Web-borne attacks on enterprises are increasing, although it is important not to forget to protect against email attacks, as shown by a recent campaign using the Olympic Vision keylogger.
Olympic Vision Keylogger Used in Recent Business Email Compromise Attacks
The attackers behind the latest campaign are using the Olympic Vision keylogger to gain access to business email accounts. Trend Micro discovered the latest campaign and was able to trace the attacks and link them to two Nigerian cybercriminals. Trend Micro determined that the current campaign has been conducted in 18 different countries including the United States.
Business email accounts contain a wealth of data, which in the wrong hands, could result in considerable damage being caused to an enterprise. However, it is not only data stored in the email accounts that hackers want to obtain. The cybercriminal gang behind the latest attacks have a different purpose. Attacks are being conducted to gain access to business email accounts to use them to send emails to account department employees instructing them to make bank transfers to the attackers’ accounts. Large transfers are often made following a business email compromise (BEC) attack.
If hackers can gain access to the email account of a senior executive, they can use that account to send messages to members of staff in the accounts or billing departments requesting transfers be made to their bank accounts. BEC is a highly effective attack strategy. If an email is sent from a CEO to the accounts department requesting an urgent transfer be made, many employees would not think twice before making the transfer as instructed.
This social engineering technique takes advantage of the fact that many employees would not question a direct request from a CEO or senior account executive. A transfer is made and the attacker receives the funds, withdraws the money, and closes the account. This often occurs before any red flags are raised, even when the transfer is for tens or hundreds of thousands of dollars.
Sophisticated Attacks Being Conducted Using Unsophisticated Malware
The Olympic Vision keylogger is not a sophisticated malware. Once installed on a device it will steal information including the computer name, Windows product keys, keystrokes, network information, clipboard text, and data saved in browsers, messaging clients, FTP clients, and email clients. It is also capable of taking screenshots.
Those data are then encrypted and are sent via email, FTP, or other means to the attacker. The Olympic Vision keylogger is capable of displaying fake error messages, and can disable computer functions to evade detection – Task Manager for example can be blocked as can registry editing tools. The Olympic Vision keylogger is capable of terminating programs that may detect it, and uses anti-emulation to prevent it running in a sandbox.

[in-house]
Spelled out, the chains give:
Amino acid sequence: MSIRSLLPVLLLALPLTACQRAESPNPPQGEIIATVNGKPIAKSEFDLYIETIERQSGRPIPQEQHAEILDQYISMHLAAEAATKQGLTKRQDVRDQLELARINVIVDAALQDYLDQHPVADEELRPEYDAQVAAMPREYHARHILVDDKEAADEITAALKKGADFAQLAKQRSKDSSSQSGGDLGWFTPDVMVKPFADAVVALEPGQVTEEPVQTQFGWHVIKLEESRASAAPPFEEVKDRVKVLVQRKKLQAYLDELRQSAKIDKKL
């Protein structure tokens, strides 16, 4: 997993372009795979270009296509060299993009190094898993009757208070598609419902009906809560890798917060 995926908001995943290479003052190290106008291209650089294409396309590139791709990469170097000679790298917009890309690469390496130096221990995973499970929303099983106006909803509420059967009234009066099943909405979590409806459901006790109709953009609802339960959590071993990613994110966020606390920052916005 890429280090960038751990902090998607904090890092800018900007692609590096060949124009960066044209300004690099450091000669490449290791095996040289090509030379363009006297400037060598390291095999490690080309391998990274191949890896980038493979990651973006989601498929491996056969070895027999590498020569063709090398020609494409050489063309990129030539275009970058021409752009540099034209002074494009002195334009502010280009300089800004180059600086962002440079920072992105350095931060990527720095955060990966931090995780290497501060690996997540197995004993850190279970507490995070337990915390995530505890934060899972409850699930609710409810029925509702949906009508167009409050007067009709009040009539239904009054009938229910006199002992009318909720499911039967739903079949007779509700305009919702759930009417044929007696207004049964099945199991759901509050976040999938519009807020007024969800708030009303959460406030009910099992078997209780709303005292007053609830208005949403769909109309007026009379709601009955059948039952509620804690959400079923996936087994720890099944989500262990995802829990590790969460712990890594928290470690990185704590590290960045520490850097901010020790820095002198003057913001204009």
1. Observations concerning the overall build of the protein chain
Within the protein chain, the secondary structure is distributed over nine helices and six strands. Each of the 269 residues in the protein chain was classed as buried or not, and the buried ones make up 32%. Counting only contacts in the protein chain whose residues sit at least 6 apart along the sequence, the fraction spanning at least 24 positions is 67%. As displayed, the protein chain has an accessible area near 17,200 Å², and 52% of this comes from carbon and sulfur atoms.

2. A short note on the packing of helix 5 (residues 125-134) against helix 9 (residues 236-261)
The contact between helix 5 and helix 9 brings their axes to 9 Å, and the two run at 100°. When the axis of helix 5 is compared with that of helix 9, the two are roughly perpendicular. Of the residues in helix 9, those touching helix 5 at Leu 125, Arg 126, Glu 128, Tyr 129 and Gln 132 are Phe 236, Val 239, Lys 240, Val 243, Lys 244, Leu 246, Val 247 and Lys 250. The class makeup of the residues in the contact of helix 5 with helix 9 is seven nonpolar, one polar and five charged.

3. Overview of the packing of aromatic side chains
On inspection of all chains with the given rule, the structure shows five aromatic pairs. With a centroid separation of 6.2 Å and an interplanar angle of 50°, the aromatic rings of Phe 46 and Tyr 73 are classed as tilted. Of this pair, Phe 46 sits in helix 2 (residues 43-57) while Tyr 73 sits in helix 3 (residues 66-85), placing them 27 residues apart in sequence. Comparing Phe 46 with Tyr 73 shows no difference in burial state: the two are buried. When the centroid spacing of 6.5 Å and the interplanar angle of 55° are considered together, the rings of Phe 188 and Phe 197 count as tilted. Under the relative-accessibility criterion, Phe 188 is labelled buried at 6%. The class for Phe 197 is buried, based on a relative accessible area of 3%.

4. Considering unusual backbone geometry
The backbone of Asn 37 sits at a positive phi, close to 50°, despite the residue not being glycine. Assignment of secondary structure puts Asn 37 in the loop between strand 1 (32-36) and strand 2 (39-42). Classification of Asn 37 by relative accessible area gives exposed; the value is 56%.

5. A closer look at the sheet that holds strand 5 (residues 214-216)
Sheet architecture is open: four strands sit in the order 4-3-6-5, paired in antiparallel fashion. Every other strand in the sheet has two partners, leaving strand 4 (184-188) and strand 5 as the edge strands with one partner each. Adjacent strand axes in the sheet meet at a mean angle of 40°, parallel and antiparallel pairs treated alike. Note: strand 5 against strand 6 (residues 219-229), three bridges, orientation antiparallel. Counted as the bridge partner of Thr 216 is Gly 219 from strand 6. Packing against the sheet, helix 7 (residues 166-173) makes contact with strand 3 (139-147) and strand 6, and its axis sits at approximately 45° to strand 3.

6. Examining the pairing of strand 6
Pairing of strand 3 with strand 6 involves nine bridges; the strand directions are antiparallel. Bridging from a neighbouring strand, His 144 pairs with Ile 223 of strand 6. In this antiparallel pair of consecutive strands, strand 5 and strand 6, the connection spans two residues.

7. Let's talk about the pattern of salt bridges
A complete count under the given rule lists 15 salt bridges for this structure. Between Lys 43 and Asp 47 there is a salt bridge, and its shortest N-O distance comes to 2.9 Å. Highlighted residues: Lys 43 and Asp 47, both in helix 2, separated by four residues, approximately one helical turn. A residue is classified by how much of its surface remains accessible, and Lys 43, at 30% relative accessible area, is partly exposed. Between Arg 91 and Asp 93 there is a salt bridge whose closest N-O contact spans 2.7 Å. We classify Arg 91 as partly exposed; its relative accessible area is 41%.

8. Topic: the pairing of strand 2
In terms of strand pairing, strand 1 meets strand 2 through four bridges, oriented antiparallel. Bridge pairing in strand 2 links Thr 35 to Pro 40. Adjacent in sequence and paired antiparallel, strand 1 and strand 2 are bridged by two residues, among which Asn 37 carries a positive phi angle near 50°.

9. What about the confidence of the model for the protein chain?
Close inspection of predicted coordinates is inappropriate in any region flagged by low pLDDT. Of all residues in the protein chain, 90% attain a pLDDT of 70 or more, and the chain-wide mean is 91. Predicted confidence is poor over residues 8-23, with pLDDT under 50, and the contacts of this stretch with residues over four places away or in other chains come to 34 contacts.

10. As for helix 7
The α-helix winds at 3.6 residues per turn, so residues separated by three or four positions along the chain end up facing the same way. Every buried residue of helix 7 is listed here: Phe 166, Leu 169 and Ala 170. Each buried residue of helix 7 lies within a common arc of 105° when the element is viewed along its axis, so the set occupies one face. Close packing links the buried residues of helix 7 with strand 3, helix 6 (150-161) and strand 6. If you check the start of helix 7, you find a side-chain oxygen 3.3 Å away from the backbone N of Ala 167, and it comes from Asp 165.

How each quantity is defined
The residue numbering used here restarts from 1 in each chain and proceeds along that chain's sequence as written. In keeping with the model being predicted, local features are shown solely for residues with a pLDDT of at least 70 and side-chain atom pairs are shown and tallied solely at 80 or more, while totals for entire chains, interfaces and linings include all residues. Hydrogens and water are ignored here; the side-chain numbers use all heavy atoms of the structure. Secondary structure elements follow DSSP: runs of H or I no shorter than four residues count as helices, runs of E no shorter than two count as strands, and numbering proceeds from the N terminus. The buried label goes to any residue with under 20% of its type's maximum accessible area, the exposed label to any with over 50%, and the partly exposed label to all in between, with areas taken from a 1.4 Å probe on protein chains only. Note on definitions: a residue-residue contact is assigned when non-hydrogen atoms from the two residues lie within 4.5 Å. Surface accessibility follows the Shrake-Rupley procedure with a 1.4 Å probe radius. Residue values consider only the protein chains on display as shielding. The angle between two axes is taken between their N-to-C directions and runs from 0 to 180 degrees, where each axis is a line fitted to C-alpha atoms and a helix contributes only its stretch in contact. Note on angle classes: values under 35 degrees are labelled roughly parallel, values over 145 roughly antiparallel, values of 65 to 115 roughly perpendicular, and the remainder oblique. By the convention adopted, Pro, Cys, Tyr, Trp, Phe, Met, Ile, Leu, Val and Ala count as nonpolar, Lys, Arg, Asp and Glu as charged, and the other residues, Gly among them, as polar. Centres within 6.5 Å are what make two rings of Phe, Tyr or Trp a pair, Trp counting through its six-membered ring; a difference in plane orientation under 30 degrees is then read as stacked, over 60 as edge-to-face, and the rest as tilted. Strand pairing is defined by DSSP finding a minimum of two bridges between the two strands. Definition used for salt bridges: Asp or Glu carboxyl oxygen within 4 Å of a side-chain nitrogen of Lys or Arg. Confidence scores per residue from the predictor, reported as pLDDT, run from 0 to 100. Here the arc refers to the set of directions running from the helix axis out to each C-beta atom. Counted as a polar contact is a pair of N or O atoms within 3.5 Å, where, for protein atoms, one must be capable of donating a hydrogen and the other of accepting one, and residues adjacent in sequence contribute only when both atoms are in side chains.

With the information collected, attackers are not only able to gain access to business email accounts, they can search for other computers, study workflows, and gather intelligence. The intel is used to construct convincing emails and ensure they are sent to individuals in the account department authorized to make bank transfers.
The attacks can be incredibly lucrative. The FBI reported recently that BEC attacks have been used by cybercriminals to obtain around $800 million dollars from businesses in the past year.
How to Protect Against BEC Attacks
There are a number of strategies that can be used to prevent BEC attacks from taking place. Software solutions can be used to prevent malware such as the Olympic Vision keylogger from being installed. SpamTitan spam filtering software can be used to block emails containing malicious attachments to prevent them from being sent to end users. If malicious emails are blocked, this places less reliance on end users not to open infected email attachments. SpamTitan can also block phishing emails, which are also used to gain access to login credentials via links to malicious websites.
Staff training is also essential. End users should receive basic security training and be advised of best practices to adopt to reduce risk. With software solutions and a culture of security awareness, the majority of attacks can be prevented.
However, it is also essential to introduce policies and procedures to prevent fraudulent bank transfers being made. A wise precaution is to introduce policies that require bank transfer requests to be authorized by a supervisor. This additional control can help to ensure fraudulent transfer requests are identified.
Any atypical request for a transfer from a senior account executive, especially those that require large sums to be transferred to accounts not previously used by the company, should be verified with the person who made the request prior to the transfer being made.